No... I'm not talking about circumstances surrounding your questionable evening at the club where you blacked out and don't remember how you got home. Mind OUT of the gutter, please.
I'm talking about having your metabolic system tested. As a Lifetime Triathlon and Endurance Coach (soon to be Metabolic Certified Coach), I have had a chance to roll up my sleeves and really get educated on what the tests are, what they tell you and best, what to do with that shiny VO2 max score and zone information.
It's great to get your zones and VO2, but if you don't know where to go next with it and how to improve or modify it, what good is it?
First, lets back up. Lifetime can test individuals for Resting and Active metabolic information.
Active tells you how your cardiovascular system performs under load and how and where your body fuels that activity.
Resting tells you how your body is working when you're not working out. That's pretty important for the fitness industry as typically most individuals are not going to see more than 1 hour a day of physical activity outside of their normal day. What's your body doing the other 23 hours? Test, don't guess.
Lets focus in on the Active Assessment.
Why? Because I lead with endurance training interests and I'm selfish. BUT, that will benefit you reading and those I coach in the long run. Don't be fooled, this information is very useful for endurance athletes and those looking to improve fitness alike. The information from the active test will allow you to work smarter and harder to get better results. Run 6 to 7 miles a day and seeing no changes? This will give you some insight as to what's really going on and what you can do to change that. It may even mean a REDUCTION in time you spend training... unless you're a run junkie and just like to run Forrest, run.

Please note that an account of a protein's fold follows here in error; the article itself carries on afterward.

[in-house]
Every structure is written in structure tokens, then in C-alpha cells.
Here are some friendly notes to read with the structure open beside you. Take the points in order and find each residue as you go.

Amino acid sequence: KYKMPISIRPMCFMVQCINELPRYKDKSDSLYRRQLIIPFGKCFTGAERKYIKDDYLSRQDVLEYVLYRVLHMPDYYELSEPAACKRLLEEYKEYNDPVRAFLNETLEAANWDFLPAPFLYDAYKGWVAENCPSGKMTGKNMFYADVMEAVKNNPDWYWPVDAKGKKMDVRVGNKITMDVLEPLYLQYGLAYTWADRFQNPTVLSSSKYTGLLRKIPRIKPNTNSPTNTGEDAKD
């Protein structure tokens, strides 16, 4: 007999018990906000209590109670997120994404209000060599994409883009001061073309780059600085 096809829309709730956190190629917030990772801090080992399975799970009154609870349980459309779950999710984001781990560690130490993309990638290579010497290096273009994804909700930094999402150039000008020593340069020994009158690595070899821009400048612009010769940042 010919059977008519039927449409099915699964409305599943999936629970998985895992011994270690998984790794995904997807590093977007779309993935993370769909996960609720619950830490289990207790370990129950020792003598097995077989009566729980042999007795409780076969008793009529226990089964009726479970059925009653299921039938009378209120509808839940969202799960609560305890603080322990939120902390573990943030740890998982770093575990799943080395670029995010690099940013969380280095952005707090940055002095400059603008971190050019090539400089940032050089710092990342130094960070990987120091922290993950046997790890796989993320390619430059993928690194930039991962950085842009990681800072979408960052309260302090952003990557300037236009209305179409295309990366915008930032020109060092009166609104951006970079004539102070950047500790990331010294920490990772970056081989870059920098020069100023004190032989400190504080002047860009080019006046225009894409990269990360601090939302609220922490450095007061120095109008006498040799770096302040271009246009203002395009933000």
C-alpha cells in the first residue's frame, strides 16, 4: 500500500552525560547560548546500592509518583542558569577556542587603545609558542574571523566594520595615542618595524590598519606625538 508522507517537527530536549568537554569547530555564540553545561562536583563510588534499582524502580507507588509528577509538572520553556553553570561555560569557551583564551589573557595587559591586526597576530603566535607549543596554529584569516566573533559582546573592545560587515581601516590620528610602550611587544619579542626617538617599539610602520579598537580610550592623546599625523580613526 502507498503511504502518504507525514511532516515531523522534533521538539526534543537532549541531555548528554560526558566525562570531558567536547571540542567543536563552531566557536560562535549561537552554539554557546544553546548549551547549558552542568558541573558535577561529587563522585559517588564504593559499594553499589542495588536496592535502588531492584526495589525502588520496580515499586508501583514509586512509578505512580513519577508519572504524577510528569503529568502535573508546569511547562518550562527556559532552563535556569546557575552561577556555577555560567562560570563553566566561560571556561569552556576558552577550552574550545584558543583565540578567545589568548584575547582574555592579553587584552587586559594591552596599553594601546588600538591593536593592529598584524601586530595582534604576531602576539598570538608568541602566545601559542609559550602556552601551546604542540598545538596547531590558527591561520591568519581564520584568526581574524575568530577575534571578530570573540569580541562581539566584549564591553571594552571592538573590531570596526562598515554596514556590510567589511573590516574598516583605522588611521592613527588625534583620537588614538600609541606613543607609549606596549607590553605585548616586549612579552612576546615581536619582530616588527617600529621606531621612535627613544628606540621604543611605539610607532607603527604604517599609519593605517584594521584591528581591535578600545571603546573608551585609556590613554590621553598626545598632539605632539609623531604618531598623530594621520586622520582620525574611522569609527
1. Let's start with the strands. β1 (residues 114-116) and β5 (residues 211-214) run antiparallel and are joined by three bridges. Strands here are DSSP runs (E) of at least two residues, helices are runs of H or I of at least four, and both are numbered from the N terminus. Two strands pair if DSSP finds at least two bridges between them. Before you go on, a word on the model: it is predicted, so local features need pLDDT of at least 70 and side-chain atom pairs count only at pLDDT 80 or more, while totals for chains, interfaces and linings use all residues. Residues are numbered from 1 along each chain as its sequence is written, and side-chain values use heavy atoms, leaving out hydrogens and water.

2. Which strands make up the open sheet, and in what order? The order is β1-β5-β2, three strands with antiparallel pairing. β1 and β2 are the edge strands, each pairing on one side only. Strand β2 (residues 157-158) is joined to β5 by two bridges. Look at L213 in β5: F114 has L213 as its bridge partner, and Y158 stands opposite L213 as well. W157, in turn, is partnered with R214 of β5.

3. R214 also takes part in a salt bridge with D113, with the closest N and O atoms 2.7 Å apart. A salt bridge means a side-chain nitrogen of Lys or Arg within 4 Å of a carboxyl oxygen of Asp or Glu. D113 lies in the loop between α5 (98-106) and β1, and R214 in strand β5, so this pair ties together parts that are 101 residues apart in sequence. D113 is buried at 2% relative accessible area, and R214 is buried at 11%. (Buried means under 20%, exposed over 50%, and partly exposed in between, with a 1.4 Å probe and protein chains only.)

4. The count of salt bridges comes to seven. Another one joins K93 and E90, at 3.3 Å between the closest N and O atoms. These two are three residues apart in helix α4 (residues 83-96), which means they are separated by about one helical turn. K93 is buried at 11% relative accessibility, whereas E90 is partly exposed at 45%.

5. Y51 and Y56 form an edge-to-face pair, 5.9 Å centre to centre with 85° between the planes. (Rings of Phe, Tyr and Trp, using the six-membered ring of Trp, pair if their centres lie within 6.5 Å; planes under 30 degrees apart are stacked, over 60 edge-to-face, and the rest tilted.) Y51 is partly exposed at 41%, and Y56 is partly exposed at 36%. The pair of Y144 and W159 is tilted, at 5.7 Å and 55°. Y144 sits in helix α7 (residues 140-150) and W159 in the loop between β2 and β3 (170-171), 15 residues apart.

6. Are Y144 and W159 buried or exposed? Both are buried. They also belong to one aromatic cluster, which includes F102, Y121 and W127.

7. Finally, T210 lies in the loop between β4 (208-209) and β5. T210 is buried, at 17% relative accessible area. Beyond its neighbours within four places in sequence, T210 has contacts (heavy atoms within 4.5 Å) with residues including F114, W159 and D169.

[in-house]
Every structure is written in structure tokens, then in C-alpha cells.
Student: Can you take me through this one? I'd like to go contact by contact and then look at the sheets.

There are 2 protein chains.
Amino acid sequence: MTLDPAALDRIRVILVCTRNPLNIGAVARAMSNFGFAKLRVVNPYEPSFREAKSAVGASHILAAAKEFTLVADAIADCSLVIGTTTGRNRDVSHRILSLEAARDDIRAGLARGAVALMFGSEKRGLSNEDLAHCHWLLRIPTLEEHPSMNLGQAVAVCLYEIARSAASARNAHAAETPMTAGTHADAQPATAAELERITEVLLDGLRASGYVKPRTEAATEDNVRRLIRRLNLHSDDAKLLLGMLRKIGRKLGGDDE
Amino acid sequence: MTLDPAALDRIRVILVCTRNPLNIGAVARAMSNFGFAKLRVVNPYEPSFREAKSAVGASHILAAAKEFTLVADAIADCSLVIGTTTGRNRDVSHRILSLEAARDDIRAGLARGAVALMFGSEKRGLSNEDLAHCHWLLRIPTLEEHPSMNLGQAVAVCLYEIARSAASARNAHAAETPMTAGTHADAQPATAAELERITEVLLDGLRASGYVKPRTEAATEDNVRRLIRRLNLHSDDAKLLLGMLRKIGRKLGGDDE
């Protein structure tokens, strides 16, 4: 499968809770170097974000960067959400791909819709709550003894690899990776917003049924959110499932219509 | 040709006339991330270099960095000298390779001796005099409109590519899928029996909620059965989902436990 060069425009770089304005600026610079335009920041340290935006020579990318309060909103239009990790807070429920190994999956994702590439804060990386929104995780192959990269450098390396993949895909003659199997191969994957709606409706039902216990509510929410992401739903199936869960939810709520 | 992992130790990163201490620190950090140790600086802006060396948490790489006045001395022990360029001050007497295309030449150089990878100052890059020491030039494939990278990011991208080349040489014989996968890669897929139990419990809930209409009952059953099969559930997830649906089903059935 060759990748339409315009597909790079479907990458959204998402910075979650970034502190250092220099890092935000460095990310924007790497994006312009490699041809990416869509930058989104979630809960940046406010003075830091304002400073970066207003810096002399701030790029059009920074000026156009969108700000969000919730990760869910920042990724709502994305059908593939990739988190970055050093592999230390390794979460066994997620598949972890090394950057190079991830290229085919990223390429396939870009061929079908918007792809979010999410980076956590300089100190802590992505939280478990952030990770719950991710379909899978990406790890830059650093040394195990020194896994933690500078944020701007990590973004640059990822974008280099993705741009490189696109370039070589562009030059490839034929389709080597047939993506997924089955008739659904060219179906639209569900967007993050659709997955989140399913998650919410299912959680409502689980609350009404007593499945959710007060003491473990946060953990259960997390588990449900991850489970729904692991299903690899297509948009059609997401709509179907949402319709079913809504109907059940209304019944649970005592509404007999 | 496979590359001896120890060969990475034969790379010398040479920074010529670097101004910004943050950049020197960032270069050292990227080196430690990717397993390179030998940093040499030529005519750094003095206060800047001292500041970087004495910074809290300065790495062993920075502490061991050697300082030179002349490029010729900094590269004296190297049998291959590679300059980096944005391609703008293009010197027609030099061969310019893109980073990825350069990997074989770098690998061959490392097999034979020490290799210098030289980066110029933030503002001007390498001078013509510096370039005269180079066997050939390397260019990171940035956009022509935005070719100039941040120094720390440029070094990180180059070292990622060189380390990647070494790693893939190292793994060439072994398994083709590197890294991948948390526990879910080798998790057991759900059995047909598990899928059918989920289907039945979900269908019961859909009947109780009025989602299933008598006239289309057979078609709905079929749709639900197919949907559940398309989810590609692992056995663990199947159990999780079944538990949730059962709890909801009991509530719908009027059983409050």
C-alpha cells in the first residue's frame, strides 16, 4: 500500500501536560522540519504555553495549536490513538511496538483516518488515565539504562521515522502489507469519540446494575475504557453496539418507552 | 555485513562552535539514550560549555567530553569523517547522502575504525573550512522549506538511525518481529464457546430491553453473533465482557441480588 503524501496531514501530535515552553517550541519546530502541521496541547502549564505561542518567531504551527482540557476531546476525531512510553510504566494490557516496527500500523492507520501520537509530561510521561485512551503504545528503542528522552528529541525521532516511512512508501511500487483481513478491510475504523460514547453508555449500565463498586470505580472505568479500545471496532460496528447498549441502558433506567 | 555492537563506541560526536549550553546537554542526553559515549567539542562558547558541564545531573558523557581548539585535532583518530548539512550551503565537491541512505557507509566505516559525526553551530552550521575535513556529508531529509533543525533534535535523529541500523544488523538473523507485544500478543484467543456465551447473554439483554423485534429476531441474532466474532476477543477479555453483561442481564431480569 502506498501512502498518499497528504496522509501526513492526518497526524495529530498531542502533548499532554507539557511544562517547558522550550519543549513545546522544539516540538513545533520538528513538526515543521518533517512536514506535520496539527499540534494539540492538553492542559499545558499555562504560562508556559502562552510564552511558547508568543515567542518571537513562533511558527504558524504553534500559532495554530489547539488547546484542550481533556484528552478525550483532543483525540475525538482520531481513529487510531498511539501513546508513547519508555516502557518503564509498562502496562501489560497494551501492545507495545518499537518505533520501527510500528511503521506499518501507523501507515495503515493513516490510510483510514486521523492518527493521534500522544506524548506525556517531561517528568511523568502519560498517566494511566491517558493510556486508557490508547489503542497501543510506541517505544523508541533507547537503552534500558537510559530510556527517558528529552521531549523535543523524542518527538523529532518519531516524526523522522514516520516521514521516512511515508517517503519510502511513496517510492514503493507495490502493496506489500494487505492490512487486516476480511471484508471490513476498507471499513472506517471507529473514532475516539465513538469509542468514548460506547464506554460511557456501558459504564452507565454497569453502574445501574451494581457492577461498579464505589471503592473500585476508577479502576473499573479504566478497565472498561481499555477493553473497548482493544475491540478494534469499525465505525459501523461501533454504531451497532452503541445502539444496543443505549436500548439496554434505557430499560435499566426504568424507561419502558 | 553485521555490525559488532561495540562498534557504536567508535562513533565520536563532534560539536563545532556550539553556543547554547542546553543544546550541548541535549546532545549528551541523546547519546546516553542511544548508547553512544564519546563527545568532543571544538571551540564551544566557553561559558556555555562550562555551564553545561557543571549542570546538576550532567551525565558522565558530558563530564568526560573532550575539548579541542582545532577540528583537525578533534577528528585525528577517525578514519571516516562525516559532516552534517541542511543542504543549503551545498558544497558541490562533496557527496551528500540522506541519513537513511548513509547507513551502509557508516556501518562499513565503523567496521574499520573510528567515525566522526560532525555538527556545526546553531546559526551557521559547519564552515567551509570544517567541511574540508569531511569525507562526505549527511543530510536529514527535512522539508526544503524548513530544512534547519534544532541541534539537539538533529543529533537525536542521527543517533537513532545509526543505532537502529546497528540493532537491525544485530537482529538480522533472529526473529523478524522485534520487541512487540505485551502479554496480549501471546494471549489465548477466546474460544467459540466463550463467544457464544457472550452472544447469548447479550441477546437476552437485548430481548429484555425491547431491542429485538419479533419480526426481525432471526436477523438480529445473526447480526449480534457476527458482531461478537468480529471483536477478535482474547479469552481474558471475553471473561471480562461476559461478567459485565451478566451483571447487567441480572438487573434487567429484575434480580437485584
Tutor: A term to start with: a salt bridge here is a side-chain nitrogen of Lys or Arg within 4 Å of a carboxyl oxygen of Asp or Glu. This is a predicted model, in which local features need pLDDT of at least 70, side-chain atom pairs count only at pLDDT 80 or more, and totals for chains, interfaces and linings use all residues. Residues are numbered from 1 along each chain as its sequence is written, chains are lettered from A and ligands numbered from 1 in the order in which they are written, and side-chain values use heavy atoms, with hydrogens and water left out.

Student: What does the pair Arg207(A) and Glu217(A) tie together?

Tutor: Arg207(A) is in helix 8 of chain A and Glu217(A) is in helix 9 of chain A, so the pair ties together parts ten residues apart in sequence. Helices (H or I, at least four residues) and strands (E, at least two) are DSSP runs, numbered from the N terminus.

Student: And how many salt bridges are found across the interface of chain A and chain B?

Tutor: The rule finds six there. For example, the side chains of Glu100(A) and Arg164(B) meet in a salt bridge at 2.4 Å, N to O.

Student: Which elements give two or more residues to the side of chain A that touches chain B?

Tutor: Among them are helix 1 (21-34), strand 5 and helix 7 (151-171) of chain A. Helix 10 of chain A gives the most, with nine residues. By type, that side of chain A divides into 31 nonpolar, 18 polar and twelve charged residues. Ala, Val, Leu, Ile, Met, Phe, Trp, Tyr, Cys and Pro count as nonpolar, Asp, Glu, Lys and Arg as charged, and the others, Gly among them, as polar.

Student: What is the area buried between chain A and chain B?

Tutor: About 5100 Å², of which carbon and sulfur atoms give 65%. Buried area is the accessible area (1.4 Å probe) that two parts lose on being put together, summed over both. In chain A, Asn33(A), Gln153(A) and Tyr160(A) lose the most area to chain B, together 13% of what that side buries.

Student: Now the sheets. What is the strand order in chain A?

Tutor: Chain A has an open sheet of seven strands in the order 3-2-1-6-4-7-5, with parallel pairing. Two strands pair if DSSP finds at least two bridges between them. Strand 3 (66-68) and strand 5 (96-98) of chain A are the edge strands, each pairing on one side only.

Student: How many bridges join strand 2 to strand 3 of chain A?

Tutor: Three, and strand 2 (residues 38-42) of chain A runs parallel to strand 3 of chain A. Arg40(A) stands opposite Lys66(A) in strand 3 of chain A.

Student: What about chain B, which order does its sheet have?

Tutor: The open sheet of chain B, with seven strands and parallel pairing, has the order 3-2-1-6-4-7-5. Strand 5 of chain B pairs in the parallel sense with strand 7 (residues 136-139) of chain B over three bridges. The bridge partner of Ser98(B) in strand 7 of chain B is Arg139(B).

Why is the active assessment a good place to start additionally? Glad you asked. This will give you information to adjust your workouts REGARDLESS of nutrition. Yes, you need to eat right to get real results, but if you change NOTHING about your eating habits and focus solely on workout type, load, duration, etc with the assessment information in hand, you will see results.
Do consider nutrition. Fuel source is IMMENSELY important as to how your body will perform in workouts, training and races if that's your end game. The active assessment will give you insight on how your body produces energy. Does it burn fat, a much more plentiful energy source (and coincidentally the key component those looking to improve fitness WANT to utilize for energy production)? Or, does it go after carbs for energy, thus resulting in bonking during workouts since your body can only have so many carbs available at any given time stored in muscles and in the bloodstream?
The active assessment also reveals how healthy your cardio system really is. You may "look" healthy, but if your heart can't provide the engine horsepower needed, you're looking at trouble down the line.
There's two sides to the assessment coin:
- Endurance athletes
- Looking for high VO2 (measure of cardio health)
- Lesson known - looking for high fat burning in low zones - avoid bonking on longer courses
- Looking for acceptable cardio health (VO2)
- Looking for high fat burning in low zones to... burn more fat and lose weight
Sure, you walk the walk, but do you talk the talk?
Being a fitness professional at Lifetime is great, because you can volunteer for tests!
I was tested last September and then recently at a few weeks ago at the 90 Day Challenge Weigh in.
Initial testing is great, but the real proof in the pudding is the reassessments. Data over time gives you a great picture of what your effort has really given you. Did you focus on the right things in the off season? Did you lose fitness? Are you burning too many carbs now? Eat too much pumpkin pie and too many cookies over Christmas? Test, don't guess.
Here's a snapshot of key metrics:
|Feb 2016 Zones|
|Sep 2015 Zones|
|Sep 2015 Fuel Source|
|Feb 2016 Fuel Source|
|Sep 2015 VO2|
|Feb 2016 VO2|
There are SOOOOO MANY takeaways from this data. It's a real nerd fest if you're into numbers and metrics, but I'm going to carve out 3 key metrics for my case in what I'm after as an endurance athlete.
Where are my zones?